A newly discovered dinosaur fossil makes the extinction of dinosaurs a little less of a mystery.

The fossilized triceratops horn, dug up in Montana's Hell Creek Formation, was buried in a layer of the earth that is believed to have formed at the same time period when a cataclysmic impact rocked the planet. The layer, known as the Cretaceous-Tertiary boundary or the K-T boundary, is full of rare elements like Iridium and Quartz.

Nobody disputes that a meteor slammed into Earth. But paleontologists had yet to find any dinosaur remains K-T boundary, leading some to question whether dinosaurs were already in steep decline or even extinct before the meteor strike. The new fossil seems to confirm that dinosaurs were still roaming the earth when the meteor hit.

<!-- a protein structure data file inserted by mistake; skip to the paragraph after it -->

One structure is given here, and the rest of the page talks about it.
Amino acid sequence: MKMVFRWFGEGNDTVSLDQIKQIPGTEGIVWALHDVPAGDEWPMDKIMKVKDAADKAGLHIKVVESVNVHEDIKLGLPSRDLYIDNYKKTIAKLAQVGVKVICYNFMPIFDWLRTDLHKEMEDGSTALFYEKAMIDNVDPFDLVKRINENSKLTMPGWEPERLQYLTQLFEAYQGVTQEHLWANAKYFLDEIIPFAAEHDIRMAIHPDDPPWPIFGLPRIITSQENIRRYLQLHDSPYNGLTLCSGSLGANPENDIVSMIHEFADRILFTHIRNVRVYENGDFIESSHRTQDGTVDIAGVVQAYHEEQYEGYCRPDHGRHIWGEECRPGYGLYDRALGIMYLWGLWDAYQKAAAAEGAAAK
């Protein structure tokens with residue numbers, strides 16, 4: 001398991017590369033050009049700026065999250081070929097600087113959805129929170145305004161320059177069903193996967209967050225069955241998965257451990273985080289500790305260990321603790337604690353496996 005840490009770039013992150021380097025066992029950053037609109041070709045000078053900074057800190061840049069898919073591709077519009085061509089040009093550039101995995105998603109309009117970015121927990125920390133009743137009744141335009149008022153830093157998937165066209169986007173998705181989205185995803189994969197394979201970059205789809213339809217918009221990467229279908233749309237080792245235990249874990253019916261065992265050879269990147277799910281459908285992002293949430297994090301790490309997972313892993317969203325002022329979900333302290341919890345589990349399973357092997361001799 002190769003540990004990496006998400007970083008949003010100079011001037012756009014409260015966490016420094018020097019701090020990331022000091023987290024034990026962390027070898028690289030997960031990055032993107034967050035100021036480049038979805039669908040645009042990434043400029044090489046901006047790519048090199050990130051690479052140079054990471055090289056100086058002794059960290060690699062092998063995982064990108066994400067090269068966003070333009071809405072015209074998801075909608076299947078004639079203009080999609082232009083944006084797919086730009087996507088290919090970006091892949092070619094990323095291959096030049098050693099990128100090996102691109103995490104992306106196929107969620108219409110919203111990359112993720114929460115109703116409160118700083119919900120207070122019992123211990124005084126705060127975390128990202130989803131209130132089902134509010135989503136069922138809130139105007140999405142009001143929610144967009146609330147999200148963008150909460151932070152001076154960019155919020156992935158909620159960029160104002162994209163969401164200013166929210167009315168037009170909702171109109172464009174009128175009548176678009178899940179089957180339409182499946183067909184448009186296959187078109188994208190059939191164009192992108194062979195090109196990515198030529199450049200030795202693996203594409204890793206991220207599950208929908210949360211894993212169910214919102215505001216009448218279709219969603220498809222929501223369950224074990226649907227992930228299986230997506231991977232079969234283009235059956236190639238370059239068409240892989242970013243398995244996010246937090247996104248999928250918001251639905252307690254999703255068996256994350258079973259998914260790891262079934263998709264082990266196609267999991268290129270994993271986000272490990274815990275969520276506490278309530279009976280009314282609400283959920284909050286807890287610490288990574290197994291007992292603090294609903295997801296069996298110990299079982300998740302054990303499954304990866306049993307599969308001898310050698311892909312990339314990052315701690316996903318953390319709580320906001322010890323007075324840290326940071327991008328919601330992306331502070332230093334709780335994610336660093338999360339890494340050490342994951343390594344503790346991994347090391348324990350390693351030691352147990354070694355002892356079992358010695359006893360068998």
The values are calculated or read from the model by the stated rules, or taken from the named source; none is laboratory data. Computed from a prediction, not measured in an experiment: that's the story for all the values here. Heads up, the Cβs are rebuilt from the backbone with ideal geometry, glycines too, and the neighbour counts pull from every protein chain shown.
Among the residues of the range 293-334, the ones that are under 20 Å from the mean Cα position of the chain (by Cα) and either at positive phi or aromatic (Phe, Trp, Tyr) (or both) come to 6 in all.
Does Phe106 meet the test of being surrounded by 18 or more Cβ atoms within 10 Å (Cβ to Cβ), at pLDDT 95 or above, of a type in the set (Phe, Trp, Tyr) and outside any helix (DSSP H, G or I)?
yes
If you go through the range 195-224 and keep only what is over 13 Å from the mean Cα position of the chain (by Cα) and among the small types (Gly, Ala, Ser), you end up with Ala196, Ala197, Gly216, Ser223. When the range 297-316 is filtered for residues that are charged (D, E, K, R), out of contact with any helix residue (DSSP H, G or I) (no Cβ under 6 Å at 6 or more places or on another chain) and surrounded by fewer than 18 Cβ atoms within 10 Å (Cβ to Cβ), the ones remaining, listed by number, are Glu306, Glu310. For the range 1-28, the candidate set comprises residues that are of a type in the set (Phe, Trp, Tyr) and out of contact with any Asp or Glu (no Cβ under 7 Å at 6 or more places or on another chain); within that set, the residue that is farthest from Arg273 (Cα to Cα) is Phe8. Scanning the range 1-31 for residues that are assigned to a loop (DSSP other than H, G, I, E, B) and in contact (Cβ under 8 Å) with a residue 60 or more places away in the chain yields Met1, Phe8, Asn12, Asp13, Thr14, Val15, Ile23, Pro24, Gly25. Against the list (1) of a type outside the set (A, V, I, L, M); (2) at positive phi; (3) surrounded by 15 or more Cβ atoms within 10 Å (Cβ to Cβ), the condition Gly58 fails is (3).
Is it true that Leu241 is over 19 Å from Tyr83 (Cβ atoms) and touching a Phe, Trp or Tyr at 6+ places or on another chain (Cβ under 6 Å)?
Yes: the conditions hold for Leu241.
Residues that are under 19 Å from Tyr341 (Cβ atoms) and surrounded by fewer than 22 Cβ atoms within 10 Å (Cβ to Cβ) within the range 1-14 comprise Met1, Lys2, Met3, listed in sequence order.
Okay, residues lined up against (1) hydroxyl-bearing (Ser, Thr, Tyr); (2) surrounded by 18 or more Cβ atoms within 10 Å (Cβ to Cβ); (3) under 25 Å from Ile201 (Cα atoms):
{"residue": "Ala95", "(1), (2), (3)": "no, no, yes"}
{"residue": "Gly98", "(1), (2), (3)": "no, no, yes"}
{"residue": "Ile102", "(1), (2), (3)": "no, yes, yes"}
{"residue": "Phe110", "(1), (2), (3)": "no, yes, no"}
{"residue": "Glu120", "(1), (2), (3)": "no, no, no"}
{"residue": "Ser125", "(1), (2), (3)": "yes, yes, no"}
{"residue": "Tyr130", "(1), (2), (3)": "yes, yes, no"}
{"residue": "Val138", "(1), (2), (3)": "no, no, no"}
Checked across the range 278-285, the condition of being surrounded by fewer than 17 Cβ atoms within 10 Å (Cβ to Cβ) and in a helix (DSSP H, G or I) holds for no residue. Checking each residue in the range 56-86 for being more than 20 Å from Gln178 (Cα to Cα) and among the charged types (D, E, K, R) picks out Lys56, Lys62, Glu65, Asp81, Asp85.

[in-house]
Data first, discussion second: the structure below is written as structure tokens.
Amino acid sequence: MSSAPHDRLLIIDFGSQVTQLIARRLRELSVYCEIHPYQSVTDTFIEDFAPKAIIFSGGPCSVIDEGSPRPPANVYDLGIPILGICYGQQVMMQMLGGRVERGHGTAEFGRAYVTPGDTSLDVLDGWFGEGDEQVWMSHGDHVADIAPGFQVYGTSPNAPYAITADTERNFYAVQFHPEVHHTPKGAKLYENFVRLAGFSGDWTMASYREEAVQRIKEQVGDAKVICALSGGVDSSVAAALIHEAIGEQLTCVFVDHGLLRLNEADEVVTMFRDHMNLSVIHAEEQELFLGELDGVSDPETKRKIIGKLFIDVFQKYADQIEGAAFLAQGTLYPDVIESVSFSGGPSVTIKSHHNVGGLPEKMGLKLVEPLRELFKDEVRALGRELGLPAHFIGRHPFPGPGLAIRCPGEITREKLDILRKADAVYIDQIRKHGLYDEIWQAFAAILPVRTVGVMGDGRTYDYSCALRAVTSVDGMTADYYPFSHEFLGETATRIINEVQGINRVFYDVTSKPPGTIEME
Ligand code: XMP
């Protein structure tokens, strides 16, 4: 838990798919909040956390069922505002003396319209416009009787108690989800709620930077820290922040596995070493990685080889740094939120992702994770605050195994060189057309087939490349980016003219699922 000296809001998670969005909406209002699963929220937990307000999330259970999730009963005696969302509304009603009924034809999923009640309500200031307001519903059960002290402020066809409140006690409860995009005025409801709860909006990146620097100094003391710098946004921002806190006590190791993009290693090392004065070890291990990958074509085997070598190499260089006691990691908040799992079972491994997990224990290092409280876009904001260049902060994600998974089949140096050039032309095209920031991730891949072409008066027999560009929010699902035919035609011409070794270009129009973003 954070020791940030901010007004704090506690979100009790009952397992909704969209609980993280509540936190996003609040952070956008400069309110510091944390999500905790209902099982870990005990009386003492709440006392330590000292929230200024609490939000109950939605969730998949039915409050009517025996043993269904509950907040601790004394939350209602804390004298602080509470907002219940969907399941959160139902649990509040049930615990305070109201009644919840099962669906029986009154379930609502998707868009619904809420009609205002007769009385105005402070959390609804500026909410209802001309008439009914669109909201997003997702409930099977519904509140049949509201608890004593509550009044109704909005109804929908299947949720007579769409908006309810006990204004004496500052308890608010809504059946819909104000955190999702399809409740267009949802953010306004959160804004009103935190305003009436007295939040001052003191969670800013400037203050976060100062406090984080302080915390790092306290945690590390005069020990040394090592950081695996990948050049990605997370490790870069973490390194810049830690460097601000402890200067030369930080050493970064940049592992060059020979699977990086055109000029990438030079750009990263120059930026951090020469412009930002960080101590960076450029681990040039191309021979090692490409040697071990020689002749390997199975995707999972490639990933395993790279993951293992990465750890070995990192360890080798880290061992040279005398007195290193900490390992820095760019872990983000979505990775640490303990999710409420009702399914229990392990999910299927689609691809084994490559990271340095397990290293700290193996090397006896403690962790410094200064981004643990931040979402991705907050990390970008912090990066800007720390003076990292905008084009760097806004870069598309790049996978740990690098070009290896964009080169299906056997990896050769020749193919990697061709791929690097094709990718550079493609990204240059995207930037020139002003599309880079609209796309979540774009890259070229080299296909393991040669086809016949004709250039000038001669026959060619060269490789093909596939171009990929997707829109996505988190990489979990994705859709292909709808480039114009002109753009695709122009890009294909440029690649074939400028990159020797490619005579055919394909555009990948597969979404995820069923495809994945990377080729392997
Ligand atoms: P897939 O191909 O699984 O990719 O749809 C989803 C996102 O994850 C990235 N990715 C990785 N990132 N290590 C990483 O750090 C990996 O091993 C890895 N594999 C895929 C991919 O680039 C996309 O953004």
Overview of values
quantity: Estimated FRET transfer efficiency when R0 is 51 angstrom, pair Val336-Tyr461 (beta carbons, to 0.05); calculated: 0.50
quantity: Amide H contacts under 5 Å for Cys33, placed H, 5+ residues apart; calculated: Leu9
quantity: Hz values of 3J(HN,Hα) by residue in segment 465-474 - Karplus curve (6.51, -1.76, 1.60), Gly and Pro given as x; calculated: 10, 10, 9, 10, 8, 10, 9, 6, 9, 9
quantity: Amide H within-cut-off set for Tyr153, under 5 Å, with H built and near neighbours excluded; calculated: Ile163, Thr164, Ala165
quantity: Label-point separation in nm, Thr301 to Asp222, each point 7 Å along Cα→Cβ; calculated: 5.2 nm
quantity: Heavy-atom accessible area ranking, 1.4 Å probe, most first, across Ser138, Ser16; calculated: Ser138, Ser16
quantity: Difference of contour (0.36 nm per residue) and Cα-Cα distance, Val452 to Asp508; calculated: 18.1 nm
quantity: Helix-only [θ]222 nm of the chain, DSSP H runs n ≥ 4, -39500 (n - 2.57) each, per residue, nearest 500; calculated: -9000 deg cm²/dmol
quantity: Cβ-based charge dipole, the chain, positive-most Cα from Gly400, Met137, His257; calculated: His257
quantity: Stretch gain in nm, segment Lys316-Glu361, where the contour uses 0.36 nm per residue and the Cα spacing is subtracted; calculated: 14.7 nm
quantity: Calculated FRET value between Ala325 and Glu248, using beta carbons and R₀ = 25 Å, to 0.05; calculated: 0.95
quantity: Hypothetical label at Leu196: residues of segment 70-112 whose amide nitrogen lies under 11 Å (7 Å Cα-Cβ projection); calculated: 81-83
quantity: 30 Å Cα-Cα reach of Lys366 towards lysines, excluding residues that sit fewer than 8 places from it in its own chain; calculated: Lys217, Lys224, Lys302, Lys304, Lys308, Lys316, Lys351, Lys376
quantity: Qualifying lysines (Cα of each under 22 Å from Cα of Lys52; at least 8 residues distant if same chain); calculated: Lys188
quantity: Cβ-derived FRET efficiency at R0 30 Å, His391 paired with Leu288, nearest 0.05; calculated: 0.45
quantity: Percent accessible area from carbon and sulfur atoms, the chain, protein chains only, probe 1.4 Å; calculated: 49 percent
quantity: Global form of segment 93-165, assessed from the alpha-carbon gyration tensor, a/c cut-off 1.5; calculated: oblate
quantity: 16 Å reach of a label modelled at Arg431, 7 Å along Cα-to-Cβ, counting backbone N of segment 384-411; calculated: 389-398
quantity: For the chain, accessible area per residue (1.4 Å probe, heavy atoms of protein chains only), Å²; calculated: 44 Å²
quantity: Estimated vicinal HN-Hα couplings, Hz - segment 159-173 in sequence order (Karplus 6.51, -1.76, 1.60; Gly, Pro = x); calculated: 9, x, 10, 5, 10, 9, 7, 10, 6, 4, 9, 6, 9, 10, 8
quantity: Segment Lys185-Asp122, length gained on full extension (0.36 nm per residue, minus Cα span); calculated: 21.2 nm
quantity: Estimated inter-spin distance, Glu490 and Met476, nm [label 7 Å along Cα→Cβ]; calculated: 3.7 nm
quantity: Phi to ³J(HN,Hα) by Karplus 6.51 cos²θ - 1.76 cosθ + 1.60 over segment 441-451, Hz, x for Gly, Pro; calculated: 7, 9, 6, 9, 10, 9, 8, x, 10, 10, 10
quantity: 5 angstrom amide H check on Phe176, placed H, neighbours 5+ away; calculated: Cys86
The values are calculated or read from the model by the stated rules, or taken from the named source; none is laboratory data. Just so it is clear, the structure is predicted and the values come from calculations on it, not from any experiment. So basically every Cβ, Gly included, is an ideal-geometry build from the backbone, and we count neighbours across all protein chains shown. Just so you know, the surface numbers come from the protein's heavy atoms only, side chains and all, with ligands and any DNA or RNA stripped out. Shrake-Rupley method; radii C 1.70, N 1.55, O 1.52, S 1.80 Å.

The in situ specimen demonstrates that a gap devoid of non-avian dinosaur fossils does not exist and is inconsistent with the hypothesis that non-avian dinosaurs were extinct prior to the K-T boundary impact event, a team of scientists wrote in the publication Biology Letters.

Having found one dinosaur in the gap doesn't necessarily falsify the idea that dinosaurs were gradually declining in numbers, paleontology researcher Tyler Lyson told LiveScience. However, this find indicates that at least some dinosaurs were doing fine right up to the K-T boundary.

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